The Office of Respect Life will be busy throughout 2022 with a variety of activities, all to raise awareness about important issues regarding the sanctity of all human life from conception to natural death. First up is the 24th annual Sarasota Prayer Walk for Life on Tuesday, Jan. 18, outside of the Planned Parenthood in downtown Sarasota. Bishop Dewane will celebrate Mass at 8:30 a.m. at St. Martha Parish, 200 N. Orange Ave., Sarasota. A bus will shuttle participants to the abortion center on Central Avenue to circle the block in prayer as many times as desired. The walk coincides with the anniversary of the Roe vs. Wade court decision which paved the way for legalized abortion in the U.S.

In addition, there are two Parish-based prayer walks Saturday, Jan. 22. Members of the Ave Maria Parish Respect Life Outreach, along with Ave Maria University and Community Pregnancy Clinics Inc., will be hosting a March for Life from the Ave Maria University football field 10:30 a.m. to 12:30 p.m. Special guests include Bishop Dewane and Pro-Life speaker Pam Stenzel. The same day, the St. Leo the Great Parish Respect Life Outreach in Bonita Springs is hosting its 3rd Annual Walk for Life on U.S. 41 from 9 a.m. to 10 a.m. Participants are asked to park in the Parish parking lot at 28290 Beaumont Road and everyone will meet on nearby U.S. 41.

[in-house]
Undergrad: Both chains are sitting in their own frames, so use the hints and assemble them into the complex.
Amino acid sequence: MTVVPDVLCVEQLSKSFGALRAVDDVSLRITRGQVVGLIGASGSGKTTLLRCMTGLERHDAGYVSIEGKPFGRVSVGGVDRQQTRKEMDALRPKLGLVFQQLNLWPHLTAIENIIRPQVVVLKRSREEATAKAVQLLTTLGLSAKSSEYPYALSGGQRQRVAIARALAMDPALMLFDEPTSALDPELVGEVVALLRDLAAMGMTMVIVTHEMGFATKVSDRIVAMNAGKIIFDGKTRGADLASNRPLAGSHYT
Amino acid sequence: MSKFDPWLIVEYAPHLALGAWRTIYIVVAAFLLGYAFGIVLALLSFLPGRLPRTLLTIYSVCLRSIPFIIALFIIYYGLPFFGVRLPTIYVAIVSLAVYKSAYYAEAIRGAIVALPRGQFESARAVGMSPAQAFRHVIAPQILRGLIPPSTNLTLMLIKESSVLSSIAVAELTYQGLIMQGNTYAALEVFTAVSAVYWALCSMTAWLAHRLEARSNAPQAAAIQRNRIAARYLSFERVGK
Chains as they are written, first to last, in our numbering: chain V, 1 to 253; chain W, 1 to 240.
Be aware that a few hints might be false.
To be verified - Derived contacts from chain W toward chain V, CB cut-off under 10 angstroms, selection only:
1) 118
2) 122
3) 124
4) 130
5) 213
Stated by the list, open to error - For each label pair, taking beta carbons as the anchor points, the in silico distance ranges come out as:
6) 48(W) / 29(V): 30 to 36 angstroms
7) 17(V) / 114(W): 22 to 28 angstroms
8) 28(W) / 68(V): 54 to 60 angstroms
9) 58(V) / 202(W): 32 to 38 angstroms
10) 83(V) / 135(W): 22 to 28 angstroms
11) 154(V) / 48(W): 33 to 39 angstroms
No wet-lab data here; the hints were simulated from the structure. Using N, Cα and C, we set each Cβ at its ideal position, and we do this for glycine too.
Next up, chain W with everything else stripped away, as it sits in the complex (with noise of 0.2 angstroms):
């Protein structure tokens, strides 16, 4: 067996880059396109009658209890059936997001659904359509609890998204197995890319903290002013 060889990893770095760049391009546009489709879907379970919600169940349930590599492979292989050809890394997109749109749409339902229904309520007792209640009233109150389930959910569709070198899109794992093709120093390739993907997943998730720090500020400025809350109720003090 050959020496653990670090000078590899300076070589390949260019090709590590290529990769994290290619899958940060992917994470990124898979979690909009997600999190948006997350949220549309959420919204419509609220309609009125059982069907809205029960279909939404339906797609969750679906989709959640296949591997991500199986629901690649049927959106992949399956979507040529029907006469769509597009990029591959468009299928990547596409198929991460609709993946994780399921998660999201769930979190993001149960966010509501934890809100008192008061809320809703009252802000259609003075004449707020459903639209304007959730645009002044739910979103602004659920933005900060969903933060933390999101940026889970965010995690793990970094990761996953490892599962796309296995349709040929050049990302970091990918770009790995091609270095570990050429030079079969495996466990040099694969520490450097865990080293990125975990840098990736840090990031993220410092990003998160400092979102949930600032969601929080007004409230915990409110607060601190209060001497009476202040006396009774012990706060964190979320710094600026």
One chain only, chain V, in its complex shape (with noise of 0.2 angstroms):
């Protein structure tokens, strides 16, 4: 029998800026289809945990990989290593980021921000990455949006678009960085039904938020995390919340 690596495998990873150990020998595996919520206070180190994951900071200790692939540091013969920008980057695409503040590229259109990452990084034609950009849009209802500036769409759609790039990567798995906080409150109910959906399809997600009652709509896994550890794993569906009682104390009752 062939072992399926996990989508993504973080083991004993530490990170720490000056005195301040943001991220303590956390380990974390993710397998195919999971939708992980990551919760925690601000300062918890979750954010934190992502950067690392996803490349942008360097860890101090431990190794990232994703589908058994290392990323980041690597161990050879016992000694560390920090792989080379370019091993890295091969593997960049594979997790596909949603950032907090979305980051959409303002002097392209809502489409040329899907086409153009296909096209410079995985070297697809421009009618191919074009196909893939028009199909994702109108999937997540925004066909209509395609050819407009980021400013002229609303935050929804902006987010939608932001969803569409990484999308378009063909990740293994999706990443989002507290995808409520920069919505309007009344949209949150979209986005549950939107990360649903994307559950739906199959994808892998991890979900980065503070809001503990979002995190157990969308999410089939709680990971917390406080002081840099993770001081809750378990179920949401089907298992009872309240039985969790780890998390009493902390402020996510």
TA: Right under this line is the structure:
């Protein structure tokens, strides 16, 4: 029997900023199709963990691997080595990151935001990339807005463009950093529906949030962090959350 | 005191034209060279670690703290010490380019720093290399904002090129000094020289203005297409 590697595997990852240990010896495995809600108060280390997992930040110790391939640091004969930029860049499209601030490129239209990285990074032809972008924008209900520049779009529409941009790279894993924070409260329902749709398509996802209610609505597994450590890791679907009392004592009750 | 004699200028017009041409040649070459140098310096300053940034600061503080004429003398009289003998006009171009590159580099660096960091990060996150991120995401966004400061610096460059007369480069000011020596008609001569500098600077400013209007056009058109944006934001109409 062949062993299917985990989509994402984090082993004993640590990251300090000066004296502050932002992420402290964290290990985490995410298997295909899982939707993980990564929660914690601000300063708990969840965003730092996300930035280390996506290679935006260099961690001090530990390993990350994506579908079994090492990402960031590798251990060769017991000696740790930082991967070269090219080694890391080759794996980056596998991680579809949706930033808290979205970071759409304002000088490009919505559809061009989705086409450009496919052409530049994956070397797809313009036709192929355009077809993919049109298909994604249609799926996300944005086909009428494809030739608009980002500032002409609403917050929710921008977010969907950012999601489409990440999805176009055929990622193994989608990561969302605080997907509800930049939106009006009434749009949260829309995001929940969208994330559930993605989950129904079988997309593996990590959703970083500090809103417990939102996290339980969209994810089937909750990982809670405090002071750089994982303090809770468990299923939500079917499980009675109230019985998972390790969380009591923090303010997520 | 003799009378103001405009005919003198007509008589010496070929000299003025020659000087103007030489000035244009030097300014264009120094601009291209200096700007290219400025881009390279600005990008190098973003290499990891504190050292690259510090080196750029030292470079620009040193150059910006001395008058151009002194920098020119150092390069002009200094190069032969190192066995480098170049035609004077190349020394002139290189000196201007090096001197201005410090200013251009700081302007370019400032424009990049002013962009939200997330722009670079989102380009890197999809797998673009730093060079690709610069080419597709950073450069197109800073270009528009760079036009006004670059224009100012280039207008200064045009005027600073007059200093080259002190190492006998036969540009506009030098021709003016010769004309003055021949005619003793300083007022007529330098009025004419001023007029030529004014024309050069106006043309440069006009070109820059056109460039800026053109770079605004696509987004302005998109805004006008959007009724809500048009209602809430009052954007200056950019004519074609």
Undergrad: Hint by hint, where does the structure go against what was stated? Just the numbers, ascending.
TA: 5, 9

Later in the year, there will be an opportunity to participate in the national 40 Days for Life Spring Campaign during Lent in Fort Myers and Sarasota, then the Fall Campaign (October) at multiple locations in the Diocese.

Catholic Charities, Diocese of Venice, Inc., will be hosting several events to support its more 30 than programs throughout the Diocese. First up on Wednesday, Jan. 19, is the “Celebration of Hope Luncheon” to benefit the programs in Lee, Hendry and Glades counties, The Luncheon begins at 11:30 a.m., at the Lexington Country Club, 16257 Willowcrest Way, Fort Myers. For tickets to this event, please contact Victoria Guevara at victoria.guevaranunez@catholiccharitiesdov.org or call 239-334-4007 ext. 2100.

In the beginning of February, make plans for an elegant evening at the “Together Again” Catholic Charities Ball, which supports the programs of Catholic Charities in Sarasota, Manatee, Highlands, Glades, DeSoto and Hardee counties. The Ball is 6 p.m., Saturday, Feb. 5, at the Ritz-Carlton, 1111 Ritz-Carlton Drive, Sarasota. For tickets or to sponsor the event, please visit https://catholiccharitiesdov.org/event-on/ or call 941-909-7817.